In sorting through the hundreds of megabytes of data, I realized around 3 pm that I'd neglected to eat even one bite of food all day. We are excited to have so much data in-hand, yet we went on hunt to find more. Our client informed us of a group in the Milwaukee area that has an extensive collection of data.
So we searched, contacting some colleagues that might have had some more information about this data, and after a little more sleuthing, we found the data we were looking for. Now, we are working with this group to obtain, a more manageable sub-set of these data. While we want to be prepared, we must balance the desire to have more than what the teams really need to complete the maps, with having too little data, or worse, not having the right data for the job. If we get too much data, it would likley lead to unecessarily large file sizes, making it difficult to work with when trying to map the area of interest.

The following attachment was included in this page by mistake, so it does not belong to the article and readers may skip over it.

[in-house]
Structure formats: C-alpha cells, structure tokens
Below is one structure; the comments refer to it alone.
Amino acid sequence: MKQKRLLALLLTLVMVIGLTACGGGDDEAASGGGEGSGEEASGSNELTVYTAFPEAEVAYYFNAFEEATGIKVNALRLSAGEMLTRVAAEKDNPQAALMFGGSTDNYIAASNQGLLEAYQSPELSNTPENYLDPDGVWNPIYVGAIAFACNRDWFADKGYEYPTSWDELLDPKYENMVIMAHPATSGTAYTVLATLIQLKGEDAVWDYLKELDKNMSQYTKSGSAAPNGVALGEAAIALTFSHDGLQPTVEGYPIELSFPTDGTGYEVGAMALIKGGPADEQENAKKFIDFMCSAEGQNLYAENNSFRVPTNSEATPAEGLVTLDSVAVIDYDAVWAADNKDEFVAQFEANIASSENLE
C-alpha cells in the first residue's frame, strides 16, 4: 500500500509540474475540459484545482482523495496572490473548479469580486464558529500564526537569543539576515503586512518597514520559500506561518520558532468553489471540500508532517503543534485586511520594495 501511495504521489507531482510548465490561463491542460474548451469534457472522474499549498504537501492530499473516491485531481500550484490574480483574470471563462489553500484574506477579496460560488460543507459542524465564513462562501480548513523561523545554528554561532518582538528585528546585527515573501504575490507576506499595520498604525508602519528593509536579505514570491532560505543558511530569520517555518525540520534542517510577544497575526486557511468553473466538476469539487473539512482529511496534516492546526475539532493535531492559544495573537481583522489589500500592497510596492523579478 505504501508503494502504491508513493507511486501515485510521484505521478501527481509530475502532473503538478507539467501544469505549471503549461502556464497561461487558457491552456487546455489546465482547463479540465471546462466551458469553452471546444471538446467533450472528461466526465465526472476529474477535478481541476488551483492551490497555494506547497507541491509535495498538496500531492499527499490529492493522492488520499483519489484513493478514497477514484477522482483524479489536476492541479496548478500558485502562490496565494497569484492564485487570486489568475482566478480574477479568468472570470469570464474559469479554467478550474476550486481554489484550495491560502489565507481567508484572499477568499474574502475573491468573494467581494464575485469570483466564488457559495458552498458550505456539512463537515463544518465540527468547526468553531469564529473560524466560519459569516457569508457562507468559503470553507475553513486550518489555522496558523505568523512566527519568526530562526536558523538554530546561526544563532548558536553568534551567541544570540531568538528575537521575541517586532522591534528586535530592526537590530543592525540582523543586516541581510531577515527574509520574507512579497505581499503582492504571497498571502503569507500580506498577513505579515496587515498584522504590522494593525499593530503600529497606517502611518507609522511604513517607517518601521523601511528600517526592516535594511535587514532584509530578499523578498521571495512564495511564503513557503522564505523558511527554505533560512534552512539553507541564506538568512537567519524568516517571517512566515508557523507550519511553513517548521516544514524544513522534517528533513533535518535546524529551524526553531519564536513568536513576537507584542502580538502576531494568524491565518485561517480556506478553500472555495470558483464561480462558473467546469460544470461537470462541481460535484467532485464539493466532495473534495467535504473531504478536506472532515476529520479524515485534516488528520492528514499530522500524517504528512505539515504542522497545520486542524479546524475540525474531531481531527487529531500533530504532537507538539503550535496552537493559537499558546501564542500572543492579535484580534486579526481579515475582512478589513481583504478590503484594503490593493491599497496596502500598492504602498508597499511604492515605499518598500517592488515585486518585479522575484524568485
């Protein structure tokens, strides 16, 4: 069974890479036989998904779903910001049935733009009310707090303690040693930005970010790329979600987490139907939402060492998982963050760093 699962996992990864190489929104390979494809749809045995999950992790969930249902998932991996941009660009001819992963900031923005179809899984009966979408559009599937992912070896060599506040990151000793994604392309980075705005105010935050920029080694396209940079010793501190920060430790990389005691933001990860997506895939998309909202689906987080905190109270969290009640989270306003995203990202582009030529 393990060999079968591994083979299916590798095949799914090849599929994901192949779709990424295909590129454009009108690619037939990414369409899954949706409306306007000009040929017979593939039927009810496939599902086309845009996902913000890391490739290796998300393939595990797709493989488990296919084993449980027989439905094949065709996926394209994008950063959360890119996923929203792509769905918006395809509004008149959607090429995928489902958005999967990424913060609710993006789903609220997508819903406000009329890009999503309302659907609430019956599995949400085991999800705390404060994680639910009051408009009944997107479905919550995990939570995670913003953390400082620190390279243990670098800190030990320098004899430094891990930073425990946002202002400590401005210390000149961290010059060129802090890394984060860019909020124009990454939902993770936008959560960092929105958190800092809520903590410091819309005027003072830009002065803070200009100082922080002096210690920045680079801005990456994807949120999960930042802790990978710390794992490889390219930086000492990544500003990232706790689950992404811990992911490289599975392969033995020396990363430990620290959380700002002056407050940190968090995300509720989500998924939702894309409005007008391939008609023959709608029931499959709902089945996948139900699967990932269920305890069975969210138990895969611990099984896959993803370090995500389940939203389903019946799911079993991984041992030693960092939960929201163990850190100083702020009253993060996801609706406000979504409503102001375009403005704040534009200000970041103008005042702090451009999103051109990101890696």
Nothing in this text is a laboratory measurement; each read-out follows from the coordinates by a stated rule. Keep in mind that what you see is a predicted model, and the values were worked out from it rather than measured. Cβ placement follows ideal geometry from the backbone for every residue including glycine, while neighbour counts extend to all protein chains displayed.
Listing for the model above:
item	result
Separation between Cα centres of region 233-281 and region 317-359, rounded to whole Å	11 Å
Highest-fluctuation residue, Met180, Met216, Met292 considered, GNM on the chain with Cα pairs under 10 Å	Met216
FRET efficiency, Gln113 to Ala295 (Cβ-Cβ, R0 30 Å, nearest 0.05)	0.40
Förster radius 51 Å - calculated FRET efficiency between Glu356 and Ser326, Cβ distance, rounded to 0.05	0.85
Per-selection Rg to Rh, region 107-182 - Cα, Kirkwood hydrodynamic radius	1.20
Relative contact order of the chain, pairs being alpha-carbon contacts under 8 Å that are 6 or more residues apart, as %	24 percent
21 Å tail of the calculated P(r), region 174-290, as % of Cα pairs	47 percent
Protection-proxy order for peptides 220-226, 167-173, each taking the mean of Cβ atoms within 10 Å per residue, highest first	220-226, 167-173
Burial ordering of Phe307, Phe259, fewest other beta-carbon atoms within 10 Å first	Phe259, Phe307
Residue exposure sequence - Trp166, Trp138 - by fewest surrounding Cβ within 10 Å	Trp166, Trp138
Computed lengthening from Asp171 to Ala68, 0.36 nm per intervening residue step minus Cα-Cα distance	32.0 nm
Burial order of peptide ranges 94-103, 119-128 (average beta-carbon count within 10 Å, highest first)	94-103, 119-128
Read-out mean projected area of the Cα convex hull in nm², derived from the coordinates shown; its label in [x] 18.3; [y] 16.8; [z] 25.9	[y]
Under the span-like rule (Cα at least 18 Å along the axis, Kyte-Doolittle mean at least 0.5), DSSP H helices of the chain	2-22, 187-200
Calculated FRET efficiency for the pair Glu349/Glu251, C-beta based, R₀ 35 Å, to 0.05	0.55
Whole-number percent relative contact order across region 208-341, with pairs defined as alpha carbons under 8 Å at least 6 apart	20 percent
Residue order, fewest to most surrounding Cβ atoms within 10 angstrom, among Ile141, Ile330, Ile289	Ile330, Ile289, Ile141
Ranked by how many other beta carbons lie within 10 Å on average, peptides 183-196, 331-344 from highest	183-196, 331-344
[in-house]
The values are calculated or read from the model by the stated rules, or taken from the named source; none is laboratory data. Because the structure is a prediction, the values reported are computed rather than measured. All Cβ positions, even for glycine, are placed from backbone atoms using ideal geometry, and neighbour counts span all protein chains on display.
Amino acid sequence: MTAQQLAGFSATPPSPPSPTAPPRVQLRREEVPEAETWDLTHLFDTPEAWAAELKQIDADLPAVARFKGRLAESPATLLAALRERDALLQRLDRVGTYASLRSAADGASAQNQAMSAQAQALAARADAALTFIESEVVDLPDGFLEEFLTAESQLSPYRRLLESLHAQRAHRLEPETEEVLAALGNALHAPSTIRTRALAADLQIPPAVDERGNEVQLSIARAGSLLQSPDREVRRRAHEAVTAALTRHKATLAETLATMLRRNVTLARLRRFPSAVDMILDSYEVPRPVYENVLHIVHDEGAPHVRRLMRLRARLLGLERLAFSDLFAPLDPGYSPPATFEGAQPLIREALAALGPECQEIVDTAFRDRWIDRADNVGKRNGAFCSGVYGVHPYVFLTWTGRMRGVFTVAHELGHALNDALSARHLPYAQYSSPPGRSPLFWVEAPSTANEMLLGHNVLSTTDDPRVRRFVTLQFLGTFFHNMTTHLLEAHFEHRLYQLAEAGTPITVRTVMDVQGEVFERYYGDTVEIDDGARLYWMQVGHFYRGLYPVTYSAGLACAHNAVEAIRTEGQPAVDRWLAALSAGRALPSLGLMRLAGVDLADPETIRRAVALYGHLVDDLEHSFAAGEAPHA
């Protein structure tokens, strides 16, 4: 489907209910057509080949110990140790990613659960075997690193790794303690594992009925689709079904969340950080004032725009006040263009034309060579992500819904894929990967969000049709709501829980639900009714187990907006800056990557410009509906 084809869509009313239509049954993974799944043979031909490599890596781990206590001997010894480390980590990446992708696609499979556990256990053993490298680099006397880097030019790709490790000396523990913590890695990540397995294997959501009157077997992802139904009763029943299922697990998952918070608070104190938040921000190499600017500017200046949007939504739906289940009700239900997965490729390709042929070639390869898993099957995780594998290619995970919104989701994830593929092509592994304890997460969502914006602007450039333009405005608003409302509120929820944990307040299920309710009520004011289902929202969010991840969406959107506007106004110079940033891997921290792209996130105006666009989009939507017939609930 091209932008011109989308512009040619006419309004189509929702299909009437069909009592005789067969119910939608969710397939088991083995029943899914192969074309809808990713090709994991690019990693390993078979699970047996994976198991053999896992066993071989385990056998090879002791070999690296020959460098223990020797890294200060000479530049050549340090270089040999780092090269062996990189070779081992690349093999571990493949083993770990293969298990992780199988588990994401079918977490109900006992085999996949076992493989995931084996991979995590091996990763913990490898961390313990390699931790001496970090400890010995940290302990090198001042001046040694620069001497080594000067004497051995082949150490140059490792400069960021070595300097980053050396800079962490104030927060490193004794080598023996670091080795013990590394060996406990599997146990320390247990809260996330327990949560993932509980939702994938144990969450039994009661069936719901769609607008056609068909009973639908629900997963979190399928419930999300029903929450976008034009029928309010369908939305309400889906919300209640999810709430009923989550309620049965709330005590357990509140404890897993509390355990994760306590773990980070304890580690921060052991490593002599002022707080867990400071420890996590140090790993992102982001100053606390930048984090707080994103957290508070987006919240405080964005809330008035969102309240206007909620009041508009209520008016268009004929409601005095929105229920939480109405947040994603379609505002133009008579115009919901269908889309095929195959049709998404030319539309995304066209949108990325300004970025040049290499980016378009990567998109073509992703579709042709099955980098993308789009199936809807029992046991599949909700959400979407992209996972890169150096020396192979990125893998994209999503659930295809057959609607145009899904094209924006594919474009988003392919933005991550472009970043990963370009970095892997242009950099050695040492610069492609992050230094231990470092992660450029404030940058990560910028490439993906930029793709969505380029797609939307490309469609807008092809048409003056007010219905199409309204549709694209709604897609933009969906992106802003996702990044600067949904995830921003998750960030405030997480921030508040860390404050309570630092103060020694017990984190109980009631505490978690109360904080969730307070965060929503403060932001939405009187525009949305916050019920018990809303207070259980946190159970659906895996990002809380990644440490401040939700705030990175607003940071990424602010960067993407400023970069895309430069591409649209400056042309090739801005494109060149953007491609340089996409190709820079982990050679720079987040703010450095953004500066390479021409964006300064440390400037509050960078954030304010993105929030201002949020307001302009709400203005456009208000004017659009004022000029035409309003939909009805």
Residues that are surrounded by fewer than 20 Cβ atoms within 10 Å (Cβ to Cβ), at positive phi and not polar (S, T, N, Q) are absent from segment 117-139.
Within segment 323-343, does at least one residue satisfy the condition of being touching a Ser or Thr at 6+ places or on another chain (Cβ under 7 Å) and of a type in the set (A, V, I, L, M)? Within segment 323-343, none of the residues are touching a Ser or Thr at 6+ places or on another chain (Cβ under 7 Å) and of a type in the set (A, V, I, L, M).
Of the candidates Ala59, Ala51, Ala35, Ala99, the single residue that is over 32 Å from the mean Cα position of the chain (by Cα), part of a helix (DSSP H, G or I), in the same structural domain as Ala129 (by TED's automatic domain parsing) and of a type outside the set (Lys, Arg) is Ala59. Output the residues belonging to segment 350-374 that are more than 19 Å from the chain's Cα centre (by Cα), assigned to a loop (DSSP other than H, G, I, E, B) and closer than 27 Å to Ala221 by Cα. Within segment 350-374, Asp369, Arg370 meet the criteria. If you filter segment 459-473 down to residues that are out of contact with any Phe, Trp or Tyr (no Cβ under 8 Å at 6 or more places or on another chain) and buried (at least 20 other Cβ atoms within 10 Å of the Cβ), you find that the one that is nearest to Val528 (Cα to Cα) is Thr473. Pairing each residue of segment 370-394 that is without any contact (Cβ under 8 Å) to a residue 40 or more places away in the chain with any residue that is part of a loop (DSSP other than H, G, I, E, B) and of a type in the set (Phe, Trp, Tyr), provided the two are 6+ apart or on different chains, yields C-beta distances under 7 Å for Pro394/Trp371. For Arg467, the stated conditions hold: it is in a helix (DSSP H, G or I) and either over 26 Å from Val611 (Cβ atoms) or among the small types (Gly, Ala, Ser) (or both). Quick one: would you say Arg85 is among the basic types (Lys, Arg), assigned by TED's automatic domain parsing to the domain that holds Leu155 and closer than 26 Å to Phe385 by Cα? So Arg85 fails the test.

On the way to the fax machine I made a desperate effort of rummaging through my bag in search of something edible, as luck would have it, I found a lonely Cliff Bar (black cherry almond) buried below a CDs, a collection of "to-do" lists, and books. I do like Cliff Bars, don't get me wrong, but It's amazing how good something can taste when it's the first thing you had to eat all day.
Once we receive this set of data (truly incredible to find all of this in one place), we will pause to ask ourselves, "To trace or not to trace?". Is it too detailed, does the detail interfere with the purpose of the map? If so, Lou and I will need to decide if this is a task that is manageable for the ten Wayfinders, within the twelve hour time frame that we have established with all of the other things we are asking them to do.